|Name||Score||Critiques||Check Best Price|
|Top||Edelrid Jay||10/10||Bulky padding||Click Here|
|Wild Country Mission||9/10||Buckles are finicky||Click Here|
|AR 395a||9/10||Expensive||Click Here|
|Misty Mountain Cadillac||8/10||Bulky padding||Click Here|
|Mammut Alnasca||8/10||Expensive||Click Here|
|BD Momentum||8/10||Small gear loops||Click Here|
|Mammut Togir 3 Slide||8/10||Heavy||Click Here|
|Petzl Adjama||8/10||Heavy||Click Here|
|Petzl Corax||7/10||Heavy||Click Here|
|BD Solution||7/10||Leg loops not adjustable||Click Here|
|Mammut Ophir 3||7/10||Uncomfortable leg loops||Click Here|
If you’re just starting out on your rock climbing journey, whether indoor at the gym or in the great outdoors, you’ve probably just been renting or borrowing gear.
This makes absolute sense for a beginner, and it is actually a good way of getting a feel for what you like and do not like.
Once you decide you are serious about rock climbing, though, you will need to buy your own gear.
One of the first things you’ll definitely want to invest in is a good climbing harness. It is the most
In this post, we’ll tell you how to find the ideal climbing harness for your needs, and we’ll review some of the best climbing harnesses for beginners to help you narrow down your search.
Hey! By the way… this page contains affiliate links. So if you make a purchase after clicking one at no cost to you we may earn a small commission. Thanks for your support!
The Best Beginner Climbing Harness Options
If you want the best climbing harness on the market, be sure to check out the ones on this list!
The Edelrid Jay is a great beginner climbing harness option for those who love a cozy feel and accommodating features.
It has adjustable leg loops, and the waist belt padding is also extremely breathable: extending over the edge of the belt for extra comfort.
The Edelrid Jay has a women’s version – the Edelrid Jayne – designed with a women’s fit and includes an extra small (XS) option.
Both the Jay and Jayne climbing harnesses have a unique detail: they actually allow you to move the 3D mesh padding.
This can be especially useful depending on the type of climbing you do, such as big wall or multi pitch climbing, as you may need to periodically re-center padding so that the belay loop and gear loops are correctly aligned.
All of these features not only make the Edelrid Jay one of the best beginner climbing harnesses, but perhaps even the best all-around climbing harness out there.
Another one of the best beginner climbing harnesses out there, the Wild Country Mission is a workhorse:
It sports five gear loops, a haul loop and ice clipper slots. This means it is not just a great beginner harness, but that it can grow with you as you progress into new styles like trad climbing, multi-pitch and even alpinism!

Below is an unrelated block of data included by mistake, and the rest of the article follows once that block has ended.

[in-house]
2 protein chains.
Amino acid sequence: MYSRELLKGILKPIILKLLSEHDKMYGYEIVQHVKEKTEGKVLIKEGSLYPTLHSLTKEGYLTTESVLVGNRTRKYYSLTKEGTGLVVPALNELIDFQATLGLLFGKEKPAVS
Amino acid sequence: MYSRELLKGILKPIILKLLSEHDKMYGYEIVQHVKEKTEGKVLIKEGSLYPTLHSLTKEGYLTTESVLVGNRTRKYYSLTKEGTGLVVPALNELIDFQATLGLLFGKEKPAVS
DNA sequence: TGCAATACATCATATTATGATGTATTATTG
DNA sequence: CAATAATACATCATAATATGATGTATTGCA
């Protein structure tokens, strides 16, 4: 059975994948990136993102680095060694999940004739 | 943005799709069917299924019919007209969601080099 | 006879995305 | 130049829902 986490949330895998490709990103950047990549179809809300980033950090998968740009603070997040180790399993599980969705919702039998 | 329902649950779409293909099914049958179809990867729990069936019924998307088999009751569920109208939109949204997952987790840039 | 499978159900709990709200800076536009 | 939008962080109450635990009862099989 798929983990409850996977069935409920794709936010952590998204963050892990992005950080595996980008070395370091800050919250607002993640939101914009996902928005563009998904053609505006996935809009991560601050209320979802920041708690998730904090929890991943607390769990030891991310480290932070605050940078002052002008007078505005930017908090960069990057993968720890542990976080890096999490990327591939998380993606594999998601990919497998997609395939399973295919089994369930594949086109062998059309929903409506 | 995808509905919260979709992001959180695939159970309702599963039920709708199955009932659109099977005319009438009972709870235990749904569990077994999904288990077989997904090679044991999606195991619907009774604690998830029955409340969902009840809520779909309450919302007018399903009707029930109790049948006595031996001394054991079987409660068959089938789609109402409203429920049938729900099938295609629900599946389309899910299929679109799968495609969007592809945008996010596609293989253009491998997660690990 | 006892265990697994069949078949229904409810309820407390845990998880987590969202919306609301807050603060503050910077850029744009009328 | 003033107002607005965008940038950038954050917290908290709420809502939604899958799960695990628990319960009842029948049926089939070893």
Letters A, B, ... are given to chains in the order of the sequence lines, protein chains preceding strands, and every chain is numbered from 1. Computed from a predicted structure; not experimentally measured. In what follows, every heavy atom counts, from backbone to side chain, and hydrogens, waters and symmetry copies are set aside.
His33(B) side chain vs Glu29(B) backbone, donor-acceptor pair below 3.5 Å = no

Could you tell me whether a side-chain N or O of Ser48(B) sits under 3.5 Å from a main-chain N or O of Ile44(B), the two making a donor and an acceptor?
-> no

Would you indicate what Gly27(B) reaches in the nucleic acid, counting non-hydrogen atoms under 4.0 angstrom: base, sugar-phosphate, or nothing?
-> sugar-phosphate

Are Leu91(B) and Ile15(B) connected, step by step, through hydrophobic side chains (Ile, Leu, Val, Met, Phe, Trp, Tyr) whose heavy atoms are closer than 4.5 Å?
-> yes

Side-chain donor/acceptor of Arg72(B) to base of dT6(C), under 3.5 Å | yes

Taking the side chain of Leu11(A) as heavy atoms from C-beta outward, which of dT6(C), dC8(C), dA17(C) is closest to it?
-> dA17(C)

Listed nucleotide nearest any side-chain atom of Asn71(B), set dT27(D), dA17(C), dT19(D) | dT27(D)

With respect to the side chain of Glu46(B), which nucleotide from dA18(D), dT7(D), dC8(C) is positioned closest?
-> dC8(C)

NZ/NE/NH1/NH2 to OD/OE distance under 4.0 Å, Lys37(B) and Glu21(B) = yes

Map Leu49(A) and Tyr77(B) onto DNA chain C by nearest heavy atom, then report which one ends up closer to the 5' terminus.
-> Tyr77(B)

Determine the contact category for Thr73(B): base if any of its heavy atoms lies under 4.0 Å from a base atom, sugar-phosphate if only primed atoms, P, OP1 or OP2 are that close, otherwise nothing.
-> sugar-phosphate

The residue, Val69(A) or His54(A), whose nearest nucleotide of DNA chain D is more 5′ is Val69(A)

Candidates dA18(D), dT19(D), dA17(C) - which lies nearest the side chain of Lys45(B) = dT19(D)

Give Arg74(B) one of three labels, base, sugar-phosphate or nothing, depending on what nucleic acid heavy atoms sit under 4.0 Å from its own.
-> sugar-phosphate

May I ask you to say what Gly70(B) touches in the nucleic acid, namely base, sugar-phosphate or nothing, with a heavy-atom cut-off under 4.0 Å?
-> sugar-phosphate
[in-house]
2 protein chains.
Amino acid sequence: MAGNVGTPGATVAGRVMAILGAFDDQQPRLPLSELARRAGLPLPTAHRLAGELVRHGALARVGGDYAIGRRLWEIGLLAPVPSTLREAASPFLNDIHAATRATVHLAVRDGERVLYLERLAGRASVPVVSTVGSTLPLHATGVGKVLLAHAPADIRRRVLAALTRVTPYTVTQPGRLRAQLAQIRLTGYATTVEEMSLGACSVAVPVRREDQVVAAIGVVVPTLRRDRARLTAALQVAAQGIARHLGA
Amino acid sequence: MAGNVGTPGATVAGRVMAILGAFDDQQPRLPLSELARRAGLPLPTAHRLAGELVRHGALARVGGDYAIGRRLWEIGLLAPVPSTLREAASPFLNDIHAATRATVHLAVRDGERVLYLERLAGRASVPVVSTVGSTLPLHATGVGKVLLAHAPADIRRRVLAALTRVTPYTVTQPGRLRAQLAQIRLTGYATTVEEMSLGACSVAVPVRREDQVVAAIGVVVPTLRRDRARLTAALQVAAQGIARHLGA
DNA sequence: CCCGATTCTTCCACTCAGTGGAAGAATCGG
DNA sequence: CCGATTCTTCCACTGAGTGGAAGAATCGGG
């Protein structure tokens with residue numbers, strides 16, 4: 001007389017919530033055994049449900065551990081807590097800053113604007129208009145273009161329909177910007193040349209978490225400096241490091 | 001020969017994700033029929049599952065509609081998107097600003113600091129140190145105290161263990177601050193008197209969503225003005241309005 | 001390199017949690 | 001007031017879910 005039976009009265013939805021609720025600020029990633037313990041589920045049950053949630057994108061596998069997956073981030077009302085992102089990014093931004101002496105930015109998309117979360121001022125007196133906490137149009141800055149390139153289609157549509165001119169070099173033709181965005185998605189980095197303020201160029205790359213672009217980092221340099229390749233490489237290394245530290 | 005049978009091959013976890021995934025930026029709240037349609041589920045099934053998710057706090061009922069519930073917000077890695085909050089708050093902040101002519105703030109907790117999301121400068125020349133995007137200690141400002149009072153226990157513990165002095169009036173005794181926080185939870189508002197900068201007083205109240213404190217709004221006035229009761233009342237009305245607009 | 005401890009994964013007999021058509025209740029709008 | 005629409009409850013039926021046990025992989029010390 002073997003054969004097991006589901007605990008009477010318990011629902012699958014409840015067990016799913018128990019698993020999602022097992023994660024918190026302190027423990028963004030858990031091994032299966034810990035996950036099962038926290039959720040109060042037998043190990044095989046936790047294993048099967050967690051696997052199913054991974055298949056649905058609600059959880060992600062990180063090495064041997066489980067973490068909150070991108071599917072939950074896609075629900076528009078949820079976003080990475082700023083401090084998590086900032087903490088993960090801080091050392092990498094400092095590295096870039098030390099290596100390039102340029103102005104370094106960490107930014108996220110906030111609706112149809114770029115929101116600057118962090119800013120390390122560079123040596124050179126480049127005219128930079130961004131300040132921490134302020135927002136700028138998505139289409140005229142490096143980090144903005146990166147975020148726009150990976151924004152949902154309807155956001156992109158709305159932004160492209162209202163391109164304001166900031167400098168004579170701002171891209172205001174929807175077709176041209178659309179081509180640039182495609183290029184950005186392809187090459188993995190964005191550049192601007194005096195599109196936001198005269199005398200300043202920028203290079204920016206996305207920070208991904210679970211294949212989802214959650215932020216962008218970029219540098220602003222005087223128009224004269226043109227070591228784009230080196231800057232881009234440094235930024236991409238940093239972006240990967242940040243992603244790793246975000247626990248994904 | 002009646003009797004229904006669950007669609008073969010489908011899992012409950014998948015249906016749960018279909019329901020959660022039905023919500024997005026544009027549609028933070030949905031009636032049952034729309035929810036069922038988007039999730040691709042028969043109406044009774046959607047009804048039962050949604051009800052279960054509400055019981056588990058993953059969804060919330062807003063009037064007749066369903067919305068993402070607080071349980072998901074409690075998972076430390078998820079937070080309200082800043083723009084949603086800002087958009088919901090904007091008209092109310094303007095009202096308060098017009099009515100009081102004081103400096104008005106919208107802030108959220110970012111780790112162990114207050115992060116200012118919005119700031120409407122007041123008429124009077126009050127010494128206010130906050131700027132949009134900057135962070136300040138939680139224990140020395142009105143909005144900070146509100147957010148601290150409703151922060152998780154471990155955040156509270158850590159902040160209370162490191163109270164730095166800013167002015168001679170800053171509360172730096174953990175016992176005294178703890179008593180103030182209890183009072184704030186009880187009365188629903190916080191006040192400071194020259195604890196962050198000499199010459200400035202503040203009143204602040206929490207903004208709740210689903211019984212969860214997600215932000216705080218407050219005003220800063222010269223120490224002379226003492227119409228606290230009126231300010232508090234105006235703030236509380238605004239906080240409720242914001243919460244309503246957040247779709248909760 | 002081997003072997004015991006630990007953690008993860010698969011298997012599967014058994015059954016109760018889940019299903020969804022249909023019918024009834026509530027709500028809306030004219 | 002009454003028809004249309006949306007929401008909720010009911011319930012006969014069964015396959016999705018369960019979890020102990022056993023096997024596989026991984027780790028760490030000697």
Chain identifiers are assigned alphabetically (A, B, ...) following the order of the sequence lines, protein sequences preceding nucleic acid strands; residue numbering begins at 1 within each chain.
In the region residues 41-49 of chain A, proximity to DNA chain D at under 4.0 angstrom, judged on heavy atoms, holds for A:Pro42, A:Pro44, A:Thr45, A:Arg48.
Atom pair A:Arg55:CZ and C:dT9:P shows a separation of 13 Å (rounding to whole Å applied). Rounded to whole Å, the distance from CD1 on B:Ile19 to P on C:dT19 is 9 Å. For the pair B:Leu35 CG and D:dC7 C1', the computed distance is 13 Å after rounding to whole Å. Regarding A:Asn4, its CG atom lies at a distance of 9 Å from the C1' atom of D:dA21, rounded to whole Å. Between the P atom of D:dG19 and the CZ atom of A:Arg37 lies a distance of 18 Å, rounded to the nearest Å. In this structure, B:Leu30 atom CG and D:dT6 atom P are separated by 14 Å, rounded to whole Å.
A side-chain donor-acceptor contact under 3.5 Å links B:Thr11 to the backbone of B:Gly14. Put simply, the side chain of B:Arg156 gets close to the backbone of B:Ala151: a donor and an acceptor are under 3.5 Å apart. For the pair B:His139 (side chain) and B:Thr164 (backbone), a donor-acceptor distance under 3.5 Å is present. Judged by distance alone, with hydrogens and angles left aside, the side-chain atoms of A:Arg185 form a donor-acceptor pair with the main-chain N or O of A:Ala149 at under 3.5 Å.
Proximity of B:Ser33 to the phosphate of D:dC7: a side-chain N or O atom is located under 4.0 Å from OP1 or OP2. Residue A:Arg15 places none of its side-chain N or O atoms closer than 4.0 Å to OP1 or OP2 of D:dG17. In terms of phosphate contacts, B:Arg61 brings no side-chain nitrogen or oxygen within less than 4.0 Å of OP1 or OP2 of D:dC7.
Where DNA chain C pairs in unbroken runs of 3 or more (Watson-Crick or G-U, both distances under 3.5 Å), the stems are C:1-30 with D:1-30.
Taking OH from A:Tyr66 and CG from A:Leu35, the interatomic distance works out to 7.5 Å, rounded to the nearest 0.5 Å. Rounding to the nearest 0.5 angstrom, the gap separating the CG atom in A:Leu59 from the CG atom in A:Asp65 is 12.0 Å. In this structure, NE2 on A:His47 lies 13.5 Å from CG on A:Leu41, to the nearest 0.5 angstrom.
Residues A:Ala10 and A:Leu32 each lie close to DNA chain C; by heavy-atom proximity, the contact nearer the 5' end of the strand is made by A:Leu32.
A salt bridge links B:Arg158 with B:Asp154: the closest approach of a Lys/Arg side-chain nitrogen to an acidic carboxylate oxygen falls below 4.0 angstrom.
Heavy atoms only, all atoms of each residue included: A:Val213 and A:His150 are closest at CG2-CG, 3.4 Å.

It is also durable and flexible. Although the buckles for the adjustable leg loops are not the easiest to use, you will acclimate to them quickly.
If you are looking for something light and simple for the gym or single-pitch sport routes, the Mammut Alnasca is an excellent option.
Unlike other lightweight climbing harnesses, the Alnasca doesn’t lack comfort. Thanks to its clever design and quality materials, it will never feel like it cuts into your legs or waist.
The Alnasca has fixed leg loops, four gear loops, and a loop for your chalk bag. No bells and whistles like a haul loop or ice clipper slots.
For that reason, the Alnasca looses some points for versatility. However, its simple, minimalist design is what makes it one of the best climbing harnesses for gym climbing or sport climbing.
There is only one major con… the price! But if that doesn’t scare you off, this harness is great for beginners.
The Petzl Corax makes the top of many lists for best beginner climbing harness choices (it was my first harness too!).
Its two-buckle system waist belt, combined with adjustable leg loops, are awesome features that lend to a perfect fit.
Not to mention, the padding on the waist belt and leg loops is also super comfortable and durable.
With four gear loops and a rear accessory/haul loop for a chalk bag or trail line, the Petzl Corax is a great choice for sport climbing.
Although it isn’t the lightest climbing harness out there, the minor weight addition makes it worth the comfort and support. Some argue its the most comfortable harness on the market!
With a slew of technical design features, the Mammut Togir 3 takes the cake. The Togir 3 Women’s version is equally as fantastic.
- The Slide-Bloc buckles on the waist belt and leg loops allow for ultra easy adjustments.
- The tie-in loops are reinforced with molded plastic, which make them extra durable while also helping to keep the rope centered.
- Mammut’s Split Webbing technology better distributes pressure applied to the harness
The Togir 3 Slide is an especially good option if you plan on getting into alpine climbing, as it has plenty of space on its gear loops for ice-screw carabiners.
The Black Diamond Momentum is the quintessential budget beginner harness, perfect for top roping and leading at the gym or crag.
Black Diamond even provides a purchasing option to bundle the Momentum harness with a chalk bag and belay device. Its an excellent package at a great value for beginners taking the dive into rock climbing!